Synthese 152 (1):1-19 (2006)

Authors
Eric Winsberg
University of South Florida
Abstract
In computer simulations of physical systems, the construction of models is guided, but not determined, by theory. At the same time simulations models are often constructed precisely because data are sparse. They are meant to replace experiments and observations as sources of data about the world; hence they cannot be evaluated simply by being compared to the world. So what can be the source of credibility for simulation models? I argue that the credibility of a simulation model comes not only from the credentials supplied to it by the governing theory, but also from the antecedently established credentials of the model building techniques employed by the simulationists. In other words, there are certain sorts of model building techniques which are taken, in and of themselves, to be reliable. Some of these model building techniques, moreover, incorporate what are sometimes called “falsifications.” These are contrary-to-fact principles that are included in a simulation model and whose inclusion is taken to increase the reliability of the results. The example of a falsification that I consider, called artificial viscosity, is in widespread use in computational fluid dynamics. Artificial viscosity, I argue, is a principle that is successfully and reliably used across a wide domain of fluid dynamical applications, but it does not offer even an approximately “realistic” or true account of fluids. Artificial viscosity, therefore, is a counter-example to the principle that success implies truth – a principle at the foundation of scientific realism. It is an example of reliability without truth.
Keywords Philosophy   Philosophy   Epistemology   Logic   Metaphysics   Philosophy of Language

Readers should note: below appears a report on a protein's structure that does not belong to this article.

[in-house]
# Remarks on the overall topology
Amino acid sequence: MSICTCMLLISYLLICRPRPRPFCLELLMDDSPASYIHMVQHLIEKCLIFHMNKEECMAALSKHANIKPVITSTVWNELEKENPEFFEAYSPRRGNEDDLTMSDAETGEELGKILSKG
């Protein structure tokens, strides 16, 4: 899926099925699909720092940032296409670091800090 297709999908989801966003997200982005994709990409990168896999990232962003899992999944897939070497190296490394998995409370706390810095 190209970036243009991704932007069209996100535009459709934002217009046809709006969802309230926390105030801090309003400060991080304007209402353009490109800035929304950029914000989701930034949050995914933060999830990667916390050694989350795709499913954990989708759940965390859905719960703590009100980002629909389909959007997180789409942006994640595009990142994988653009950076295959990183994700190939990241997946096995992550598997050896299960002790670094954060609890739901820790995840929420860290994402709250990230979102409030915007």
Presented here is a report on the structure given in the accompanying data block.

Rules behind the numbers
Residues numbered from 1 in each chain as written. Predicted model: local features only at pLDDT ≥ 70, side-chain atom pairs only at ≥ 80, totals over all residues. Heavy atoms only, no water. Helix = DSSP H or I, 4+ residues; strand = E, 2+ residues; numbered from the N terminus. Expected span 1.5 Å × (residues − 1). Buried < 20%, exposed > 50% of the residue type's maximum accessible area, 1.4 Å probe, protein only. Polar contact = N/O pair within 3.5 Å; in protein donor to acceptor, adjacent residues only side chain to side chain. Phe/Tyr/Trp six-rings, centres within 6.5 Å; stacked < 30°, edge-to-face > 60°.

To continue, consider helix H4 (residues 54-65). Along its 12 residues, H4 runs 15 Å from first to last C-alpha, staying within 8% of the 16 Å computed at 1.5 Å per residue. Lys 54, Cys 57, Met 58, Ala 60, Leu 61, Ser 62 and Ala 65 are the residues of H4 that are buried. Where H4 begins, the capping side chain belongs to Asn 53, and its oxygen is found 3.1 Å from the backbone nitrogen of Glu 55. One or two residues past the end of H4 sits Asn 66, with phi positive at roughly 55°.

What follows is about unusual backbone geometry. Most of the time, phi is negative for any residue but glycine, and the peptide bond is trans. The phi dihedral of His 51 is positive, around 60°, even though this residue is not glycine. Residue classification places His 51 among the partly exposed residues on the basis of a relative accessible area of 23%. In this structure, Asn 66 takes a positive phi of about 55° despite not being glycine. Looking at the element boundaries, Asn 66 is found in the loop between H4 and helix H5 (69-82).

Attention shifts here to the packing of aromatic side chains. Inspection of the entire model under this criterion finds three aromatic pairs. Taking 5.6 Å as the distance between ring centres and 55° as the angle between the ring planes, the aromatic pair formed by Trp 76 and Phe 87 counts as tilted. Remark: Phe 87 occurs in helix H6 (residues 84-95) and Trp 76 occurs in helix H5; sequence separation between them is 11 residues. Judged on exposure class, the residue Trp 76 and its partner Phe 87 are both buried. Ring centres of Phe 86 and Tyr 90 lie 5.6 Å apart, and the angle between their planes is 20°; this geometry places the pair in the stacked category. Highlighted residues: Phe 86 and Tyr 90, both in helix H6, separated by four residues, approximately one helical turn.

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DOI 10.1007/s11229-004-5404-6
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References found in this work BETA

Truth.Paul Horwich - 1998 - Clarendon Press.
A Confutation of Convergent Realism.Larry Laudan - 1981 - Philosophy of Science 48 (1):19-49.
Image and Logic: A Material Culture of Microphysics.Peter Galison (ed.) - 1997 - University of Chicago Press: Chicago.
A Confutation of Convergent Realism.Larry Laudan - 1980 - In Yuri Balashov & Alexander Rosenberg (eds.), Philosophy of Science: Contemporary Readings. Routledge. pp. 211.

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Citations of this work BETA

II—Wendy S. Parker: Confirmation and Adequacy-for-Purpose in Climate Modelling.Wendy S. Parker - 2009 - Aristotelian Society Supplementary Volume 83 (1):233-249.
Computer Simulation and the Philosophy of Science.Eric Winsberg - 2009 - Philosophy Compass 4 (5):835-845.
Evaluating Formal Models of Science.Michael Thicke - 2020 - Journal for General Philosophy of Science / Zeitschrift für Allgemeine Wissenschaftstheorie 51 (2):315-335.

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